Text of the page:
But I think that we should additionally let the physical conditions of the world prompt us to remember the spiritual conditions too. The people who are physically thirsty here in California are spiritually thirsty as well. When we pray for God to pour out rain on our land, will we pray for God to also pour out his Spirit on our people?

In a sermon titled “Praying for the Spirit,” Jonathan Edwards says much the same thing (but better than I could ever phrase it!):

If rain be withheld and there be a drought, everybody is concerned. It is spoken of and lamented how the grass withers, and how the corn dies, and what a poor crop there is like to be; and there is, it may be, a great deal of praying for rain. But there may be a spiritual drought year after year, and not only in their crop, but no harvest at all in spiritual respects. Souls may be generally withering and drying up. And God is not very earnestly sought to, not because God is not as ready to bestow these blessings as the other–for he is, as has been shown, more ready to bestow them…[we must] seek them with vastly greater earnestness and diligence than we do temporal things, they being infinitely more necessary for us and will be so much more profitable to us.”

To clarify, I do not mean to take away from the seriousness of the current physical drought in California. It is a worsening situation that has an incredible direct and indirect impact on millions of people’s lives. But what I do mean to do is bring to our attention how concerned we are for the spiritual climate here in California (and elsewhere). May the lack of rain remind us to pray for the Spirit to be poured out and may the lack of the Spirit remind us to pray for the rains to come and be poured out too. And ultimately, may we simply be reminded to pray.

To Delay to Pray is to Fail to Pray


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“Guard yourselves against those false, deluding ideas which tell you, ‘Wait a little while. I will pray in an hour; first I must attend to this or that.'”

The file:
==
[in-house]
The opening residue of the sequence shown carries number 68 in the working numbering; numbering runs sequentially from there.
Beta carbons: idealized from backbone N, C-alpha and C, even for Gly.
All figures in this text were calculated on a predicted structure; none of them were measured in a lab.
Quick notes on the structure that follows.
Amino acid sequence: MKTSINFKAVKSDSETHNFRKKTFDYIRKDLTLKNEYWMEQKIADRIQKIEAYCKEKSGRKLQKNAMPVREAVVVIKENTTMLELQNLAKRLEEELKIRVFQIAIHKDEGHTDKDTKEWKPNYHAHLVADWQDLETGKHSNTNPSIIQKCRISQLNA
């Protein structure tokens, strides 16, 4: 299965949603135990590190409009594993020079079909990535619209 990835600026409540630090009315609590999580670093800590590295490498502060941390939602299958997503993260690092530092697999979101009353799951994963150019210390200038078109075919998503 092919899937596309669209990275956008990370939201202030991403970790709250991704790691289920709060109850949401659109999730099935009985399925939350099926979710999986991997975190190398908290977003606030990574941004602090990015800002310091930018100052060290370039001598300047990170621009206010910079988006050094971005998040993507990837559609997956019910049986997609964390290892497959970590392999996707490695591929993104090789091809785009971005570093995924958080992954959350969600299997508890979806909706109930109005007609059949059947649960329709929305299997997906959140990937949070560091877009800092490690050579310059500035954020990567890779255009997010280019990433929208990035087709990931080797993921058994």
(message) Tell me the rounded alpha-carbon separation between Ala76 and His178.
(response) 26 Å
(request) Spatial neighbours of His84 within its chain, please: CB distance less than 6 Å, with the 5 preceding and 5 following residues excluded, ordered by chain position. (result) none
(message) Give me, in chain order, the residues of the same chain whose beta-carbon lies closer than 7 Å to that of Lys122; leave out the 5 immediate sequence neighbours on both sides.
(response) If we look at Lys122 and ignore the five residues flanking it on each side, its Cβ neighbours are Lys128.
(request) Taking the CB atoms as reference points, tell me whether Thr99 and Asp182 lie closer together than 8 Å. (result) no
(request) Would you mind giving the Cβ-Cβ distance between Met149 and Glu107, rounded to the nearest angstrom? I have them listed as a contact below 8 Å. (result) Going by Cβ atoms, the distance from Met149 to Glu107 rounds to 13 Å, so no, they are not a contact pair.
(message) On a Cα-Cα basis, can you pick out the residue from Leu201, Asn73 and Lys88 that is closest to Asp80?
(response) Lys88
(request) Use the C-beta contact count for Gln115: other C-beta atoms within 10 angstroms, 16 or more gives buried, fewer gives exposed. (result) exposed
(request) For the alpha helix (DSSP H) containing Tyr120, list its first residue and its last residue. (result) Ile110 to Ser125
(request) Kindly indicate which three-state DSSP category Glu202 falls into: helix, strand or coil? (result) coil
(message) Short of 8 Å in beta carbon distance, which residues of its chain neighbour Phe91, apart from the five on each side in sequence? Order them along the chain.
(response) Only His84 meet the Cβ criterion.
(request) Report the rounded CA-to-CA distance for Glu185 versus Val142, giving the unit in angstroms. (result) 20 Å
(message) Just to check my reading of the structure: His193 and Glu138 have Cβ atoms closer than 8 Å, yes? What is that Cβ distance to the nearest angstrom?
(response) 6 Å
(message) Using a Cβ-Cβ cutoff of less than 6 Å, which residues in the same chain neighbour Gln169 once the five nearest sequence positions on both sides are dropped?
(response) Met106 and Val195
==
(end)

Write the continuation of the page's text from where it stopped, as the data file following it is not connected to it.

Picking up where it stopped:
-Martin Luther

I’ve been too guilty of this sort of thinking lately. “I’ll pray in a bit…just one more news article or funny video.” But the sad reality is that if I delay to pray, 99% of the time I fail to pray! May we guard ourselves vigilantly and dedicate ourselves to worthwhile endeavors instead of distractions that have little value in the grand scheme of things. Yes, it’s good to be informed or entertained…but consider praying first and then doing whatever else is on your plate. Will you regret watching fewer youtube videos today or failing to communicate with your Father?

There Can Only Be One (Or, Jonathan Edwards and Highlander Theology)


Hypothetically, if there was only ONE person at any one time on the face of planet Earth who qualified as “Christian”…how sure are you that it would be YOU and not one of the billion(s) also claiming that distinction?

That’s a pretty intense question, right? But it’s exactly the type of question that Jonathan Edwards, still widely considered the most influential theologian, pastor, and thinker America has ever produced, asked himself daily.

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At the age of eighteen, Edwards began working on a series of resolutions that would serve as a series of checks and balances for his life and help him evaluate how his daily walk with Christ was or wasn’t progressing. Eventually he compiled a list of 70 Resolutions and decided to review them each evening, each week, each month, etc.

This was far from a legalistic set of rules through which he was attempting to earn salvation or righteousness-at the very beginning he notes that he is “unable to do anything without God’s help.” But his Calvinistic theology was not opposed to effort on his part! Rather it freed him to pursue holiness with all his might and ability, confident that any “good” he achieved was by God’s power and to God’s glory.